Select Page
[wd_asp id=1]

2018.03.20 Tuesday Stretch

I just got back from Oklahoma and caught up on the HOC listings for the last week. I really loved the California carnival display on smoking items! Lot of stretch glass in that display! And, you guessed it, it’s Tuesday Stretch time and BugDoc Dave’s turn! The Stretch Glass Society has a monthly Stretch-Out phone conversation and we have been alternating between early production stretch glass (the items made from 1916 into the mid-1930s) and late production stretch glass (mainly Fenton from the 1970s until Fenton closed their factory in 2011. I mention this because Julie DeMary asked if the new pitchers were marked. We discuss the marking of the late production stretch glass in detail during our discussions, so if you want more information, feel free to join us. The April 12 Stretch-Out Call will discuss items made by Fenton for QVC and we’ll also talk about how these items were marked. For more information look at our web site at: (or see the next message.)

In the case of the late-period pitchers and tumblers, they were supposed to be marked, but because these items were blown-molded, the final shaping and finishing often left the logo mark indistinct or even missing entirely! However, if you hold an early period pitcher and tumbler compared to the late period pieces, you will immediately realize that the early period pieces are much thinner and lighter.

Tonight, I want to return to a topic of the March edition of the Stretch Glass Society Newsletter – handled servers. I had illustrated all the types of handled servers quite a while ago, but I didn’t have space to cover all the decorations that Imperial used on their servers. Imperial had an in-house cutting shop and they were famous for their cut designs, usually floral. The cuttings were often polished on non-iridized glass but a gang wheel (leaves little lines in design) was often used on iridized pieces and on satin etched pieces. Several of the Imperial historians have combed through the existing Imperial catalogs and industry publications from the 1910s through the 1930s, and many cut patterns have been identified. Unfortunately, many of the patterns that ended up on the handled stretch servers don’t appear in the catalogs! The most common handled servers from Imperial have a simple shovel-shaped handle and the plate portion can be flat (for sandwiches or tidbits) or raised up into a fruit tray. The same cutting can occur on both the flat and fruit tray forms. The cutting can also be made on items in Iris Ice (crystal), Rose Ice (marigold) and Blue Ice (what we would call smoke today). I’m not going to show the Iris Ice items with cuttings as the patterns virtually disappear when photographed!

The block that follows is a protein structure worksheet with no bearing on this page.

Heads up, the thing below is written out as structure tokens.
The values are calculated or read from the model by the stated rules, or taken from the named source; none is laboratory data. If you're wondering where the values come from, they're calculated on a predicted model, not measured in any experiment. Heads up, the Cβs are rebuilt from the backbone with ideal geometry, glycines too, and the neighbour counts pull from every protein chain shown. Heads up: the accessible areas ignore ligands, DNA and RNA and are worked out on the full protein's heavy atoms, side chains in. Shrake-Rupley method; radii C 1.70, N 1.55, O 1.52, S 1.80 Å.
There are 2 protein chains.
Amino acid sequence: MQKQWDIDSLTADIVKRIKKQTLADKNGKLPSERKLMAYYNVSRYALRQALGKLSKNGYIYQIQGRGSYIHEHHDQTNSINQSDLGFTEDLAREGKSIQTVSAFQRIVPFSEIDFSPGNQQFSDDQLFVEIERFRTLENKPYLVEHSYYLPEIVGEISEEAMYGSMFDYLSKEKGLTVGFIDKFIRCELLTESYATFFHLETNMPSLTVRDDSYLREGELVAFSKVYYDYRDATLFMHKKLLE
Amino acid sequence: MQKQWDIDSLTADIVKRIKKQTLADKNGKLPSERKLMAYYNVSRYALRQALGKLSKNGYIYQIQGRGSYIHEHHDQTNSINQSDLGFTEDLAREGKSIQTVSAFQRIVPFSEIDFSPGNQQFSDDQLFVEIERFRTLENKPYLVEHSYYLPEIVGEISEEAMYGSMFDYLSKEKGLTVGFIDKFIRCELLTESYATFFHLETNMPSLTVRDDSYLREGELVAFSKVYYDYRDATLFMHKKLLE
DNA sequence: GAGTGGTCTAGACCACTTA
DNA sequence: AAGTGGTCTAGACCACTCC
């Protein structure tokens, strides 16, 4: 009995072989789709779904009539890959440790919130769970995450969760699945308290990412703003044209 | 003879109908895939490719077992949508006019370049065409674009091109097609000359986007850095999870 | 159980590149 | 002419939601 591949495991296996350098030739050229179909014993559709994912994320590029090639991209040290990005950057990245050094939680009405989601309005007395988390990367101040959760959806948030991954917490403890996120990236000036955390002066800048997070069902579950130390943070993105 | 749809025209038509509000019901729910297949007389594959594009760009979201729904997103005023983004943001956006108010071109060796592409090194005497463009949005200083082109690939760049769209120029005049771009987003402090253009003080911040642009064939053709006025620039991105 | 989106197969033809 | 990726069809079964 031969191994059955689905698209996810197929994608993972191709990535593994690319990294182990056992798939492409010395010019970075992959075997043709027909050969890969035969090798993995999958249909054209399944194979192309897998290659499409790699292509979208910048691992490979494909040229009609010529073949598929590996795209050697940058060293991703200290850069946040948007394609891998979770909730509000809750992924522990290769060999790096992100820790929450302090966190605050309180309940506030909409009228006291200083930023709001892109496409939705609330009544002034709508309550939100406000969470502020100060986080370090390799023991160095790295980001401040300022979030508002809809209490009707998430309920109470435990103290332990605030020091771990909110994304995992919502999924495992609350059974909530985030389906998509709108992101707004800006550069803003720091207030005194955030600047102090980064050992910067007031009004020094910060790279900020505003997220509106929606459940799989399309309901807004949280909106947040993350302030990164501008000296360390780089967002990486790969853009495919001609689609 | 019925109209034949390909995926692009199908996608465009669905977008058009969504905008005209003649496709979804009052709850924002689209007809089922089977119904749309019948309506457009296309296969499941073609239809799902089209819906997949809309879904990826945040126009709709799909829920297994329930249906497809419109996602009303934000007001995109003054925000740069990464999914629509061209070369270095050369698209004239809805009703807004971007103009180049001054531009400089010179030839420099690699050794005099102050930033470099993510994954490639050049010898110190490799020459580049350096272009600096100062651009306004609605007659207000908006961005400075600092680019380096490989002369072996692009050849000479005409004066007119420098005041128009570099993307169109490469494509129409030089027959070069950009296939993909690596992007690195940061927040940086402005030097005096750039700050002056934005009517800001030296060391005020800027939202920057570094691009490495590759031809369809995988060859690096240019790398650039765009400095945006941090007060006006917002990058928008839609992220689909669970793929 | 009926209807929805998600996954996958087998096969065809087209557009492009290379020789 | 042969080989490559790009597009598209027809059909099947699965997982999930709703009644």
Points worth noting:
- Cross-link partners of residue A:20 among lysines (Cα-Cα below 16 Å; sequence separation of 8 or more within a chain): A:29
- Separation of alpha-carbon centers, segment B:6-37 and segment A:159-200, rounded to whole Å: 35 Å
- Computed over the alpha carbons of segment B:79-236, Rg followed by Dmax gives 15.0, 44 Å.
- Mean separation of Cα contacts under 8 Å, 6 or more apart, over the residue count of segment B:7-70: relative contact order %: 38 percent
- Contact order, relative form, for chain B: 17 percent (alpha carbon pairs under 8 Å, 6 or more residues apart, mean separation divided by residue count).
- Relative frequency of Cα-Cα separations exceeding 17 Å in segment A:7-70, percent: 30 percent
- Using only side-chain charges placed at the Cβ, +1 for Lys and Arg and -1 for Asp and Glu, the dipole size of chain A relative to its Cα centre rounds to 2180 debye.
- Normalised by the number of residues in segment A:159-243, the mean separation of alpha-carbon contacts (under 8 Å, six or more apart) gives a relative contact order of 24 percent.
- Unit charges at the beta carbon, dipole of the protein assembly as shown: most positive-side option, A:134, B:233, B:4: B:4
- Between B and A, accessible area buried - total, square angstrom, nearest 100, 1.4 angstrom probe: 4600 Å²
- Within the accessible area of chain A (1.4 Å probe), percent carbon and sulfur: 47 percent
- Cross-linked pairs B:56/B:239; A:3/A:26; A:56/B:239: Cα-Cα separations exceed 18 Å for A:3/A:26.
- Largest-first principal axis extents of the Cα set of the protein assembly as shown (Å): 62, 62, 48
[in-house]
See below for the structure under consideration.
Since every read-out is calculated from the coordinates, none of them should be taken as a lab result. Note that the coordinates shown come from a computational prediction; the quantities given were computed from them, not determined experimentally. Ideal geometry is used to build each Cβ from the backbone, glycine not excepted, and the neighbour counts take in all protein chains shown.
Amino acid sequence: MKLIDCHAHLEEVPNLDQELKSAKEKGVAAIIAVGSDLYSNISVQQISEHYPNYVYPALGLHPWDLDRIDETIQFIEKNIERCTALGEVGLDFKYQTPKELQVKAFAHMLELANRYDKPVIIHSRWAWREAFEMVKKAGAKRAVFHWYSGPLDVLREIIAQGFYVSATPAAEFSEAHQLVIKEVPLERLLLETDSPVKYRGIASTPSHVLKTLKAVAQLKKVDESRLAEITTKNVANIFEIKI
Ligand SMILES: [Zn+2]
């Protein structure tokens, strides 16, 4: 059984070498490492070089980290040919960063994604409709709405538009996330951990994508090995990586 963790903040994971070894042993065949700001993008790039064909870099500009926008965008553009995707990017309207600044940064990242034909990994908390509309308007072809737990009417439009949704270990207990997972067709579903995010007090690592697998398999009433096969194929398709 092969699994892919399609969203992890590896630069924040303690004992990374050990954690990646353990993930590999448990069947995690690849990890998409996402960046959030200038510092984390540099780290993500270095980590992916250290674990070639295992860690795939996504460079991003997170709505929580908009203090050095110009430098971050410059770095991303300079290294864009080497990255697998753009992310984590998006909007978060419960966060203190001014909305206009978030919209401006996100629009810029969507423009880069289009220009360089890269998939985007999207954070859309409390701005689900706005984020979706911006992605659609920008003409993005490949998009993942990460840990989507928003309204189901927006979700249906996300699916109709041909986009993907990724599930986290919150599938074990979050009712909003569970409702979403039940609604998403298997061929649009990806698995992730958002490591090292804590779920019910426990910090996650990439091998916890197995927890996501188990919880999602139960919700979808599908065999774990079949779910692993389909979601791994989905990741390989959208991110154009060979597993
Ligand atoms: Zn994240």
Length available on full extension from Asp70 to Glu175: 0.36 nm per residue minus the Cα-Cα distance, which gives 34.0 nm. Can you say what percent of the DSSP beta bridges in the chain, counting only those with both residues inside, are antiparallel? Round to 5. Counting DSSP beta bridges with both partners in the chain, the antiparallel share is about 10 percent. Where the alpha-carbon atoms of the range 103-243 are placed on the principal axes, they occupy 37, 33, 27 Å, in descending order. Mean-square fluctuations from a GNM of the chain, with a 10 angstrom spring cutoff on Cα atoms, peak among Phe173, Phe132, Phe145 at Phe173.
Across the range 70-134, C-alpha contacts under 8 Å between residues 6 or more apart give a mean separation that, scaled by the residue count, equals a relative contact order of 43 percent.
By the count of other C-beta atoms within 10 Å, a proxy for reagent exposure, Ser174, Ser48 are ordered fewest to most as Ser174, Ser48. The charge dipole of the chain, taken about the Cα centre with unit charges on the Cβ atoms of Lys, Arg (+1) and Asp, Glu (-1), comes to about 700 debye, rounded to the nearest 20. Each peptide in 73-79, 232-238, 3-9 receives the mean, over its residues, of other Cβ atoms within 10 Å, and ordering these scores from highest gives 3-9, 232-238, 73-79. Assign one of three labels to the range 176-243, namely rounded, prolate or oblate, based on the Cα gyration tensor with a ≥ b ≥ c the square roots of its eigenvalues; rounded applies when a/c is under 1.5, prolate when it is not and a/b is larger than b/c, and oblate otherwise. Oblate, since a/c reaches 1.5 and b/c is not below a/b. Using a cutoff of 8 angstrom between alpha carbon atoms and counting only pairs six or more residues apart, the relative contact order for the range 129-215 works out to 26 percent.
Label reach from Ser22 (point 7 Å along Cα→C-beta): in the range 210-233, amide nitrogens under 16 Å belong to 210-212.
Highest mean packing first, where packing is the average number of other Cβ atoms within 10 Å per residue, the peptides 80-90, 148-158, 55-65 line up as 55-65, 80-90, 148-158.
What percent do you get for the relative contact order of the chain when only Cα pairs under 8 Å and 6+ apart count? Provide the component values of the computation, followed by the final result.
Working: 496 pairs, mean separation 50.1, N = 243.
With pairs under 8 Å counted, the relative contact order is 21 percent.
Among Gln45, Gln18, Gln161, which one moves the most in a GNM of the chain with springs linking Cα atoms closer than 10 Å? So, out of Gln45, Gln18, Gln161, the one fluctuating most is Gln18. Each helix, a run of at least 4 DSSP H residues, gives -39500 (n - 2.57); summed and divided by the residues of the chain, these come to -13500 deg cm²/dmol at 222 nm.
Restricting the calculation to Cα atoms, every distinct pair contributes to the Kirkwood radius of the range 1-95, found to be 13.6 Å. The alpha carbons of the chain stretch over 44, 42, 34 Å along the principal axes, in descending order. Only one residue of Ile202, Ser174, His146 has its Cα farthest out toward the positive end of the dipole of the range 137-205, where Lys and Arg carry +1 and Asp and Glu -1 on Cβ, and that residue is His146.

Without a doubt, the most easily identified cutting is the #12 which collectors often call “balloons.” This cutting also occurs on iridized vases and stretch glass mayos and plates.

Another cutting that we know is the #30 which consists of a series of daisy-like flower cuttings with two ball-shaped cuttings between each flower, around the outer rim of the plate. I’m unaware of a common name for this pattern.

An unidentified cutting number is one that I have dubbed “Fuchsia” because the flowers have the distinctive stamens of this flower.

The next great floral design reminds me of a chrysanthemum flower, so that’s what I usually call the pattern!

The next one I’ve dubbed triangle daisy for obvious reasons! LOL!

Another fairly obtainable design looks like coreopsis flowers with leaf cuttings connecting the flowers.

A tougher pattern is one of the BugDoc’s favorite as it has three moth motifs within a basket-weave like cutting and leaf cuttings. And, yes, the moths have antennae!

Finally, here is a really tough pattern to obtain! It appears to be four large daisies on leaf stems.

At one time, I thought that pattern was unique until I found the following one! Notice the subtle difference in the flower stems!! Was the cutter simply experimenting?

I suspect that there may be additional cuttings out there, so if any of you have something different than what I have shown, I’d really like to hear about it and see a picture!